Neapolis: the New City, was founded by the Phoenicians after Carthage. This was a coastal city, the remains of which can be found in what is now Nabeul, on Cap Bon.
During the Roman Civil Wars, Neapolis sided with Julius Caesar and was subsequently rewarded with the status of colonia, along with all the rights that this afforded its citizens. The city, Colonia Julia Neapolis became a prosperous port with its own guild of navicularii (shipowners), and its maritime position and related trades are clear in the remains visible today. Of particular note, and what I was there to see, were the remains of the city’s garum factories.
Picture the scene.
The fishing boats moor up and unload their catch. The Roman equivalent of fish girls (or boys) set to work gutting and filleting fishes for salting. What happens to the offcuts? The heads, guts, eyeballs? They all get mushed up together in large tanks and left to ferment for a month or so. Then the liquid is skimmed of the top, creating garum, the fish sauce beloved of Romans. This was the condiment of choice. They used it on everything, savoury and sweet, as a seasoning, as a sauce. The nearest modern equivalent might be something like Thai fish sauce. Another Roman fish sauce, liquamen, was made from small whole fish, left to ferment in vats in the same way*. Roman Worcester Sauce perhaps. The sediment, sludge, bits and tiny fish bones which settled out of the garum or liquamen, was called allec (or alec / alica) and was used as food or as a flavouring for poorer people and slaves.
This recipe was recorded by the Roman writer Apicius in the 1st century CE, and utilises garum in the sauce:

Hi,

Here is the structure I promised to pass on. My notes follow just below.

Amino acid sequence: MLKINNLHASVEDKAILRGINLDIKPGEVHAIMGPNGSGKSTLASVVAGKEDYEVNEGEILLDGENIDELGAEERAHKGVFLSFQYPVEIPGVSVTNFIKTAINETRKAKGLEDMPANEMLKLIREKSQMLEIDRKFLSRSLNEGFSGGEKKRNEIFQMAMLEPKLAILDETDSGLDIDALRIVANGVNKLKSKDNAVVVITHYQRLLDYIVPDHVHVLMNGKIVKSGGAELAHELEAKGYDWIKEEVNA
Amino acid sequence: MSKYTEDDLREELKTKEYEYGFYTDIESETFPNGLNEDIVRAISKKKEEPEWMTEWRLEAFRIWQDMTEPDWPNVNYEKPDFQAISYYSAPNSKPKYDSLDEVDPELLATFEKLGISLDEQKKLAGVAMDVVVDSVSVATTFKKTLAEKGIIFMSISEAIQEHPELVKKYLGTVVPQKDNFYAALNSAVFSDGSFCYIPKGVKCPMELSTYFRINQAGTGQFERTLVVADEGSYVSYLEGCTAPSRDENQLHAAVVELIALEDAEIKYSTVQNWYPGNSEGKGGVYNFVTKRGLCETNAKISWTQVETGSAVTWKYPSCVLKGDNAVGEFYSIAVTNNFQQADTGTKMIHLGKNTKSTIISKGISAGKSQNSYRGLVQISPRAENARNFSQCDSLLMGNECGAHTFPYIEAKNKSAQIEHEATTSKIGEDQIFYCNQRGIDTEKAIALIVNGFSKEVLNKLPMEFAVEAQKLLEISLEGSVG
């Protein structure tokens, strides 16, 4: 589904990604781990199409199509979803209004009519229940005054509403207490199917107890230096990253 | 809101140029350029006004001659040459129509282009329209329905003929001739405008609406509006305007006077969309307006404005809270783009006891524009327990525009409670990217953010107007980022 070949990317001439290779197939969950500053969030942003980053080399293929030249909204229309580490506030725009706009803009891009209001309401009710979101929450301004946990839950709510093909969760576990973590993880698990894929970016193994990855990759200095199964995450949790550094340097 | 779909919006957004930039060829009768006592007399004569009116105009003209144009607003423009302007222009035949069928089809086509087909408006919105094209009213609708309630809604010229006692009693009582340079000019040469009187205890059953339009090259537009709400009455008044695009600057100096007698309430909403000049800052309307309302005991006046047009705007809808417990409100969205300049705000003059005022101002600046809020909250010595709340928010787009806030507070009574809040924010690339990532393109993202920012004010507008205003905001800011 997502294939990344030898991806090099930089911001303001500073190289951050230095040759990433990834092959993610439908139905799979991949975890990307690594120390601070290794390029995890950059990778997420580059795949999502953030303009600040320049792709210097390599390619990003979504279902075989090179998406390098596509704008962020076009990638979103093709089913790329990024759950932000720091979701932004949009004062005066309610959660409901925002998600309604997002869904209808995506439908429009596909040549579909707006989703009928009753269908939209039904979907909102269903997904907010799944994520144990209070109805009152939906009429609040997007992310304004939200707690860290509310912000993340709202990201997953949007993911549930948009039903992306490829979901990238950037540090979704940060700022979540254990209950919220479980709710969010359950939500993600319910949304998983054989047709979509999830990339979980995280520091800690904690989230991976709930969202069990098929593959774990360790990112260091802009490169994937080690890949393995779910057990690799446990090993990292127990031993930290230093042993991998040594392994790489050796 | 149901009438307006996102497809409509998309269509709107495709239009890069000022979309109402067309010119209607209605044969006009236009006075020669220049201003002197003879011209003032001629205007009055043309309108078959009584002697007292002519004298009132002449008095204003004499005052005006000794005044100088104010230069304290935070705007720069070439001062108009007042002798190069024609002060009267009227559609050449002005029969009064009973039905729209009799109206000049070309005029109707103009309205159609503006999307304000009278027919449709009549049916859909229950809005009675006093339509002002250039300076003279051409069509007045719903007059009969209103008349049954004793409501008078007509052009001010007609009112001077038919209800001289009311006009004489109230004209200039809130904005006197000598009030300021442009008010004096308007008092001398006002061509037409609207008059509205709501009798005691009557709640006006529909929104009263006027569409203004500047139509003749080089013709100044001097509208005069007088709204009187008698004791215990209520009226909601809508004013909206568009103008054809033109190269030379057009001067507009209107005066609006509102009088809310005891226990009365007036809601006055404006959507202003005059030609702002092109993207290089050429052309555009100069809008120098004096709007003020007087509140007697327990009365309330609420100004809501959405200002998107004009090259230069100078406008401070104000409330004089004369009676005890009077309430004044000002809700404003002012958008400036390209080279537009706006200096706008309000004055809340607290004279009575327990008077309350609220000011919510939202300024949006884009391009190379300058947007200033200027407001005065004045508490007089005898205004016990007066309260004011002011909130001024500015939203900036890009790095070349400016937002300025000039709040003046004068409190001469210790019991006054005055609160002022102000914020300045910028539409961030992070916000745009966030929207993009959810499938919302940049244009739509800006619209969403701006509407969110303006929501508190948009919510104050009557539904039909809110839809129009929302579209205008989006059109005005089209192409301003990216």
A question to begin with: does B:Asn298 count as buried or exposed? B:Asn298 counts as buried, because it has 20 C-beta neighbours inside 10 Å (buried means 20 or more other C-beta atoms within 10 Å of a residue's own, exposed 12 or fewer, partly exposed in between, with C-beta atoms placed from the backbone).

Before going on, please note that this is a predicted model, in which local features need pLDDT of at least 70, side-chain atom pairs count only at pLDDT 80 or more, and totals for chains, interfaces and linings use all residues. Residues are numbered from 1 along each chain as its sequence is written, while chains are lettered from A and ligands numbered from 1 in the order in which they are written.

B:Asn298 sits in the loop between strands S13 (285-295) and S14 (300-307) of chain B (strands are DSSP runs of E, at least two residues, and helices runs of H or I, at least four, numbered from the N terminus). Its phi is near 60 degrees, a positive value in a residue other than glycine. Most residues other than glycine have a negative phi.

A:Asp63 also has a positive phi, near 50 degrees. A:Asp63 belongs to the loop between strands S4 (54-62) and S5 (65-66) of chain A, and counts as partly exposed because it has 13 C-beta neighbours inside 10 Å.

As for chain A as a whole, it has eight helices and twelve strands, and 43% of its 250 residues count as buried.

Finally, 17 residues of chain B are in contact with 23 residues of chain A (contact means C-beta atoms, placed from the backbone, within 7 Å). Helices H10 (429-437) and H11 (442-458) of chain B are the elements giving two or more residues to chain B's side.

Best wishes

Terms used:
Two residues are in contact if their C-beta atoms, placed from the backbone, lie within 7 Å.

In struthione elixo: piper, mentam, cuminum assume, apii semen, dactylos vel caryotas, mel, acetum, passum, liquamen, et oleum modice et in caccabo facies ut bulliat. Amulo obligas, et sic partes struthionis in lance perfundis, ete desuper piper aspargis. Si autem in condituram coquere volueris, alicam addis.
For boiled ostrich: pepper, mint, roast cumin, celery seed, dates or Jericho dates, honey, vinegar, passum, garum, a little oil. Put these in the pot and bring to the boil. Bind with amulum (a roux made with fine meal), pour over the pieces of ostrich in a serving dish and sprinkle with pepper. If you wish to cook the ostrich in the sauce, add alica. (Apicius, 212)**.
Well. That’s dinner sorted then***.
On my visit I was met by the, now, familiar phrase “fermé à cause de la grève”****. However, all was not lost. The site fronts directly onto the beach, so I walked round to see if any of it was visible from the other side of the fence and…
Oh frabjous day!
So ok, it’s not ideal. I am outside the fence and all those garum vats are inside, but it’s a damn sight better than merely “fermé à cause de la grève“.
You can see the foundations of a villa with a mosaic floor, and part of the garum production factory.
And here are the tanks into which the fishy bits were placed to ferment.
As I was walking along the fence-line, actually on the beach, strewn around my feet were numerous sherds of pottery, a mixture of ancient and modern.
Amongst them was what looked suspiciously like the base of an amphora.
Perhaps this held the garum which was actually being produced right here. But then some clumsy slave went and dropped it.
I did also manage to get into the museum very, very briefly. Good thing too. Look at these lovelies.
*There is ongoing debate about the exact methods for making the various fish sauces. Sally Grainger, an expert on ancient cookery, wrote a piece on this here: http://www.oocities.org/athens/ithaca/8337/c_garum.html
***this is actually not my dinner sorted. I don’t eat meat or fish.
**** “closed because of the strike”